Recently, I’ve written pieces about two of Nate Box’s businesses: the established District Cafe at 10011 109 Street and the soon-to-open Salz at 10556 115 Street. He’s had a successful run with smaller eateries that focus on succinct menus made with locally sourced ingredients and products. Having already discussed half of Box’s ventures, this year seemed as good as any to work my way through all four. I still have to pay a visit to Little Brick, but now I can cross Elm Cafe off my list.
In all honesty, for at least two, maybe even three, years now, I’d been sitting on a gift certificate for Elm Cafe. Despite the incentive and my best intentions, I just always forgot to go. I knew that they made some delicious sandwiches though. After all, in the past, I had eaten some of their catering during a TEDx event held at the Citadel Theatre.
Last month, I couldn’t wait any longer. I was adamant about stopping by the shop to pick up some lunch for my family. My boyfriend and I dropped by on a Sunday before noon. It was easy enough to find free street parking on the block. When we walked up to the patio, I noticed a few outdoor tables spaced out nicely. Those spots provide the majority of what seats they have available. In the winter, only a couple of bar stools are to be found inside the cafe for in-house dining. It’s a tiny 200 square foot space with a counter, a kitchen and three staff that have their moves and duties coordinated down to a tee, so as not to stumble over one another.
Thankfully, there wasn’t anyone waiting behind me to order, so I was able to take a bit of time to decide on what I wanted. The downside to their menu is that it’s regularly updated depending on what’s in stock, so the pizza and sandwiches change daily. I knew ahead of time that they offered early sandwiches (they open early at 7:30am to catch the worker bees in the mornings), lunch sandwiches, soup, salad, muffins, scones, cookies, and an assortment of beverages; however, the specifics were to be a surprise.
As I laid eyes on the menu, I took note of the fact that the day’s pizza and one of the lunch sandwiches had already been crossed off the board. Food sells out quickly here, so the best bet for the most choice is to stop in bright and early. Still, there were some good options. I ended up selecting the following to go: Early 1 ($8), Early 2 ($8), Livin la Sous Vide a Loca ($9), a raspberry white chocolate scone ($4), and a salted caramel ($1). The full package added up $30, which was exactly the amount I had to spend.
Our food took slightly longer than expected as there was a mistake made with my order; however, it was quickly rectified. While the final sandwich was being prepared, I perused the items on the counter. They’ve sourced a handful of products made in Edmonton (teas, cordials and caramels) as well as craft roasted coffee from Victoria. Eventually, the wait paid off. My goods were bagged up and we were on our way to my parents for lunchtime.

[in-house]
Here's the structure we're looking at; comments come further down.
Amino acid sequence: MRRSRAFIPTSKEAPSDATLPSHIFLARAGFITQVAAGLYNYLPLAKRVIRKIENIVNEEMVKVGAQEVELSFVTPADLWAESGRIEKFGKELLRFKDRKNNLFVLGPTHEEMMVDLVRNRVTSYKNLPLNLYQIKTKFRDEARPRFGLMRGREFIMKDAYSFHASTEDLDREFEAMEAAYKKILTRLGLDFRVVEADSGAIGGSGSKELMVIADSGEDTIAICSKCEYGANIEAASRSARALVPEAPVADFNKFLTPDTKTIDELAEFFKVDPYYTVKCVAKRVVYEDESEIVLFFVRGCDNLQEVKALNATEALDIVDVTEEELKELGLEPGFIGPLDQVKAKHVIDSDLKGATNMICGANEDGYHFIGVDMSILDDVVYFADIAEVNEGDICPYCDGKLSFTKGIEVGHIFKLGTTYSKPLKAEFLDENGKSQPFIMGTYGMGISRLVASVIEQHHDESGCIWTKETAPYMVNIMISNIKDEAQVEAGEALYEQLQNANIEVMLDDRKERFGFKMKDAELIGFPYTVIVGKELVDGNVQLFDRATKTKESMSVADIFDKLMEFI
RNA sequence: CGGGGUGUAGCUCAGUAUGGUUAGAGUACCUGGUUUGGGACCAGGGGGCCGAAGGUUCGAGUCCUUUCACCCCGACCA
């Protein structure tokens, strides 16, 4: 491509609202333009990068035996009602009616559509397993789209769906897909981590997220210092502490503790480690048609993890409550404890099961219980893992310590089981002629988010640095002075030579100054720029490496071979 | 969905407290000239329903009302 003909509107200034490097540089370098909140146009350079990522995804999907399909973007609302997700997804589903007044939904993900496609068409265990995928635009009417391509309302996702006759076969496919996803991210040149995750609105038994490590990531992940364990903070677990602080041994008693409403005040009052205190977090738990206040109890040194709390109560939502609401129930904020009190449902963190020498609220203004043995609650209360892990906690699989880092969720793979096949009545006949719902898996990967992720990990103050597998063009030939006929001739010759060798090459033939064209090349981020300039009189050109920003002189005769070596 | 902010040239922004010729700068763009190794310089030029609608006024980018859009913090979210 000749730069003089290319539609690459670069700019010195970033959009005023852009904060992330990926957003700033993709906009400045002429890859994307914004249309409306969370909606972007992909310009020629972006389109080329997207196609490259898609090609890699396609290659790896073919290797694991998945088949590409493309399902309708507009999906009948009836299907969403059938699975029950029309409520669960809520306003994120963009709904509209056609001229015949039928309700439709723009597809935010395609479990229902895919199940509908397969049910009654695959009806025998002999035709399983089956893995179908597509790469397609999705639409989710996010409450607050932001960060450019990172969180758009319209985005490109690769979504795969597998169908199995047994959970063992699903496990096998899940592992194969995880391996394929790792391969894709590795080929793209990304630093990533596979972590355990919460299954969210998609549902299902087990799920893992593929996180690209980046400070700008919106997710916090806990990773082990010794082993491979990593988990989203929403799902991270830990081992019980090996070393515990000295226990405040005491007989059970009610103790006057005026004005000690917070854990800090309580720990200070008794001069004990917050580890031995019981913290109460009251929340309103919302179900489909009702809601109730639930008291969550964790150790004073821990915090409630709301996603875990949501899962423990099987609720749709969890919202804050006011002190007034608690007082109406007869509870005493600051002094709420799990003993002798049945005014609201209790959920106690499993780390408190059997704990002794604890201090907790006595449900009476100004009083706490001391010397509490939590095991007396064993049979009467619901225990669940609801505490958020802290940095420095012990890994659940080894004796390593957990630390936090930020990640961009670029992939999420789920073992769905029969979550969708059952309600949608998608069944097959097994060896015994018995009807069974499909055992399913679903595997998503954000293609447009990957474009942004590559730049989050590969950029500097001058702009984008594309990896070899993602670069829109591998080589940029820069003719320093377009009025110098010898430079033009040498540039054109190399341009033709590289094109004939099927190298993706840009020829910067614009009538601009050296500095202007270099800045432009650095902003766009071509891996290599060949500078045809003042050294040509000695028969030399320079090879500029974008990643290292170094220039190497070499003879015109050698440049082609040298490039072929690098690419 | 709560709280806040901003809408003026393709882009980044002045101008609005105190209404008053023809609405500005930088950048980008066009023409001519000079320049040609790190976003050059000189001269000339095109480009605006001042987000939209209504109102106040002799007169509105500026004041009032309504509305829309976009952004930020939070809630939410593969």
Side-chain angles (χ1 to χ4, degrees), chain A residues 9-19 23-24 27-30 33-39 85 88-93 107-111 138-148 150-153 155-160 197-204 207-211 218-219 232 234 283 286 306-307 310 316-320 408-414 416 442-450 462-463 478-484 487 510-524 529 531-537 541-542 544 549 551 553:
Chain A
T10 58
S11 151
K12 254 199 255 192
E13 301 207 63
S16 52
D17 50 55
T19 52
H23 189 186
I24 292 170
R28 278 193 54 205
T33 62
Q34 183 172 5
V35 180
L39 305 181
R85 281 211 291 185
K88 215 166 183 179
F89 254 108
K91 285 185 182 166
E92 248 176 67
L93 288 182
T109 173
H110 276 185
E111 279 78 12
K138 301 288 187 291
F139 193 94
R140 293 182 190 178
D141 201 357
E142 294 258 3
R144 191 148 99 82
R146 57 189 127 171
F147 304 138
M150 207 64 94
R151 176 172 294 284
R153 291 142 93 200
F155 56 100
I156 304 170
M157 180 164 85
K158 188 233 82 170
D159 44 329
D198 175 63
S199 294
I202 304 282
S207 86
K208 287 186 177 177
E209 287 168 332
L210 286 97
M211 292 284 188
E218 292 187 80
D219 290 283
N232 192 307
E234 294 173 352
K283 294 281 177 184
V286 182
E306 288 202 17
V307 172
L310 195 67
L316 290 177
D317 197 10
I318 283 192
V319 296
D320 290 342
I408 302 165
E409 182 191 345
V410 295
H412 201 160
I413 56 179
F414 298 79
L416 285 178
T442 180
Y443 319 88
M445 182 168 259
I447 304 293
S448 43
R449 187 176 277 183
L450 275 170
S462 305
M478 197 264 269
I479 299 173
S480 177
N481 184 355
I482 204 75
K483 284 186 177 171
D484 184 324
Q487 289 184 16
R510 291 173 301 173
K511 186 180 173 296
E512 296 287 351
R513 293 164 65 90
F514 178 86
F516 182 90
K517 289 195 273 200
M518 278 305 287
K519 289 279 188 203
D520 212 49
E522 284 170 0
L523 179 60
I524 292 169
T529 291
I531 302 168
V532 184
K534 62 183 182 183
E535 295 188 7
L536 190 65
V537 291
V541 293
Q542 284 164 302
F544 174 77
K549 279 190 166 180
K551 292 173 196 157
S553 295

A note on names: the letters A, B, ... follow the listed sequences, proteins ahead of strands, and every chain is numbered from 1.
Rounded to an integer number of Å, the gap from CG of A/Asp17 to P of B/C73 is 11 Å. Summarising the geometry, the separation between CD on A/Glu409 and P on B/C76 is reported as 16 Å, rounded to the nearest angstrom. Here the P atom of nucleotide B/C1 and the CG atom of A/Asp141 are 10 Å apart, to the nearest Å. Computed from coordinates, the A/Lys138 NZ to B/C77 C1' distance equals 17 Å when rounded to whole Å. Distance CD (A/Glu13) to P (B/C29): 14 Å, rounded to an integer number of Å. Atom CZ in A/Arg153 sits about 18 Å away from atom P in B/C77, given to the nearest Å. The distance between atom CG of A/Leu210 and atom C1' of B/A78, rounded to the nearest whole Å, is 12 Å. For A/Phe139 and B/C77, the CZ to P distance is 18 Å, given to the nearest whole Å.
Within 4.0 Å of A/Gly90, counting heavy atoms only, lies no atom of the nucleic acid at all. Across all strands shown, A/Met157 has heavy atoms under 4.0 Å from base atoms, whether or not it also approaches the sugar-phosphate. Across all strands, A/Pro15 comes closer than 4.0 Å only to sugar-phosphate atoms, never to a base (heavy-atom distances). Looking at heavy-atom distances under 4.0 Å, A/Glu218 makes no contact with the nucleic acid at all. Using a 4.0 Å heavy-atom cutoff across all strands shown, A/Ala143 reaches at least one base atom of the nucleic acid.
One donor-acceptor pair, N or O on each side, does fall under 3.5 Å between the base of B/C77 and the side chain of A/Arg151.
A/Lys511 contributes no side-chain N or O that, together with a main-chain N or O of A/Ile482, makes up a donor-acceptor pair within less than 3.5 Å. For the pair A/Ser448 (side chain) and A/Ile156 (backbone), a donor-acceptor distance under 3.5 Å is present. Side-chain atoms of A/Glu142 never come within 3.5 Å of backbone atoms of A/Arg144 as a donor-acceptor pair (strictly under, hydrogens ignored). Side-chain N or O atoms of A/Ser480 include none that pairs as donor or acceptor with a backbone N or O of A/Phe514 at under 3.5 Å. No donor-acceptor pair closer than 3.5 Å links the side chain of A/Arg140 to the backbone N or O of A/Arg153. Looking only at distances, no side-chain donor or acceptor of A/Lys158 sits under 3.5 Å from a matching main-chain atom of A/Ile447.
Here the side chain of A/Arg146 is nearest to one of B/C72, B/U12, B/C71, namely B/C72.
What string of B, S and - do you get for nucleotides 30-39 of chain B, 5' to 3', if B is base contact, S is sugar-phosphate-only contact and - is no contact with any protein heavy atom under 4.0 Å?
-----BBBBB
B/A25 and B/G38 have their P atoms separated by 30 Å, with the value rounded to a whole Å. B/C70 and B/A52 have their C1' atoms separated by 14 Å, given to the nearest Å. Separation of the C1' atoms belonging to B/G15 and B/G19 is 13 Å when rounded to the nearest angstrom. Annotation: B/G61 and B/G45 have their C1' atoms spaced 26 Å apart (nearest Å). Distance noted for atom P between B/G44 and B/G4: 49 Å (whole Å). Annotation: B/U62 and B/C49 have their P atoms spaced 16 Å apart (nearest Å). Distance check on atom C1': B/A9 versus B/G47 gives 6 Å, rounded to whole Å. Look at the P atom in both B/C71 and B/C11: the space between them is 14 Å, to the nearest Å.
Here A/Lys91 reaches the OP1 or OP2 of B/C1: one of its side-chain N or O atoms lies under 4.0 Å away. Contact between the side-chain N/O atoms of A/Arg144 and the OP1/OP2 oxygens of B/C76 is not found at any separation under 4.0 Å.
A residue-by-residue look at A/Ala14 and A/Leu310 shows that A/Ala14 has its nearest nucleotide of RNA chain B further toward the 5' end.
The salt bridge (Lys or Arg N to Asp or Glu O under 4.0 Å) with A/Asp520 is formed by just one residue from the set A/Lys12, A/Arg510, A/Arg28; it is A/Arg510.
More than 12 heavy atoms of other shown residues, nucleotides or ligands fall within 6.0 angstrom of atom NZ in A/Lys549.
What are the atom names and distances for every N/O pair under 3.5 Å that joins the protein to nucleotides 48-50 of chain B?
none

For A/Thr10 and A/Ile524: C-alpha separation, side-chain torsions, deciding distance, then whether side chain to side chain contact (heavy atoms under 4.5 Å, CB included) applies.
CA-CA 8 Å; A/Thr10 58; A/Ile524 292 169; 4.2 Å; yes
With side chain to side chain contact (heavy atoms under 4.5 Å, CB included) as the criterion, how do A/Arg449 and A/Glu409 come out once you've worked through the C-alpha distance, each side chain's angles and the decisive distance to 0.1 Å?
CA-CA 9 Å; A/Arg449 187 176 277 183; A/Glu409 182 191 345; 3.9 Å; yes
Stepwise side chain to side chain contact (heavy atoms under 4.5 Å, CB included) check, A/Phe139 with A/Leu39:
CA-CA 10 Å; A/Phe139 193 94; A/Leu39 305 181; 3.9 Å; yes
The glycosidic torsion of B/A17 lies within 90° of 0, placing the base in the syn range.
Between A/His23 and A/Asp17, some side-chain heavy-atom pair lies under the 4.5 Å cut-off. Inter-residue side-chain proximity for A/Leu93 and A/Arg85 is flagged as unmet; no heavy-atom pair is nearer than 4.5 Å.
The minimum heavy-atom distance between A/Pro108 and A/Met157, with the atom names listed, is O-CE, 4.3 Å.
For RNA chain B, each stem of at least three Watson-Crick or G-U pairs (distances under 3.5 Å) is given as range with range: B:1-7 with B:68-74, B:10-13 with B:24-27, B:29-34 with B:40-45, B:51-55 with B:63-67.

As soon as we got to their house, I unpacked everything and plated the sandwiches. First off, I’ll just say that they did not make for the most photogenic dish; they looked like all bun and no filling. But, hopefully, the images here do them some justice. We split the three sandwiches into quarters for us to share. In spite of their large size, I’m not sure that was truly enough to feed four grown adults. The bread also wasn’t our favourite due to the texture. Regardless, they were decent, especially when it came to overall flavour.
I’ll begin with the Early 2. This was a cauliflower and egg sandwich with chili mayo, cheese sauce, crispy onions, and greens. I would have liked more egg for extra protein and for the cauliflower to be more prominent. Yet, this was a much tastier option than I would have expected. The slight bitterness from the arugula was offset by the combo of mayo and cheese, and those crispy onions added texture and saltiness.
Livin la Sous Vide a Loca consisted of turkey, brie, cucumber, pickled onion, arugula, apple jelly, and herb aioli. What a fantastic combination of flavours in this one. This bun was a tad firmer and more toasted than the Early sandwiches, but it worked. The turkey was succulent, there was just a bit of sourness from the pickled onion, and the apple jelly brought in a hint of sweetness. Everything balanced with the creamy brie and the pungent aioli.
My personal favourite turned out to be the Early 1. A chicken sandwich with egg, roast peppers, charred green onion, greens, Gouda, and lemon aioli, this one packed a punch. Savoury with the meat, a little smoky due to the onion’s preparation, and zesty from the lemon, it was somewhat of a revelation. We all enjoyed this one.
To finish off our meal, we split the moist raspberry white chocolate scone. It defied expectations by avoiding the dry quality of some of its counterparts. Even with a crunchy sugar topping, it refrained from being overly sweet. My only suggestion is that they try to spread out the raspberries and chocolate when they lay out the dough to bake because the distribution was quite uneven. I shared my salted caramel with my mom as our final dessert. I’m pretty sure that these are made by Erica Vliegenthart, the head baker at District Cafe, who sells her pies and caramels under the Red Balloon Pie Company name. The caramel was super soft and fresh. I would have happily eaten a dozen on the spot.
A meal from Elm Cafe was a long time coming. I’m glad that I finally tried it out. Although we thought there could be minor improvements made to the food, the important thing is it brought my family together for a lovely afternoon. Nate Box’s venues are grounded in the idea of community, and I think that he and his team are definitely succeeding in that respect.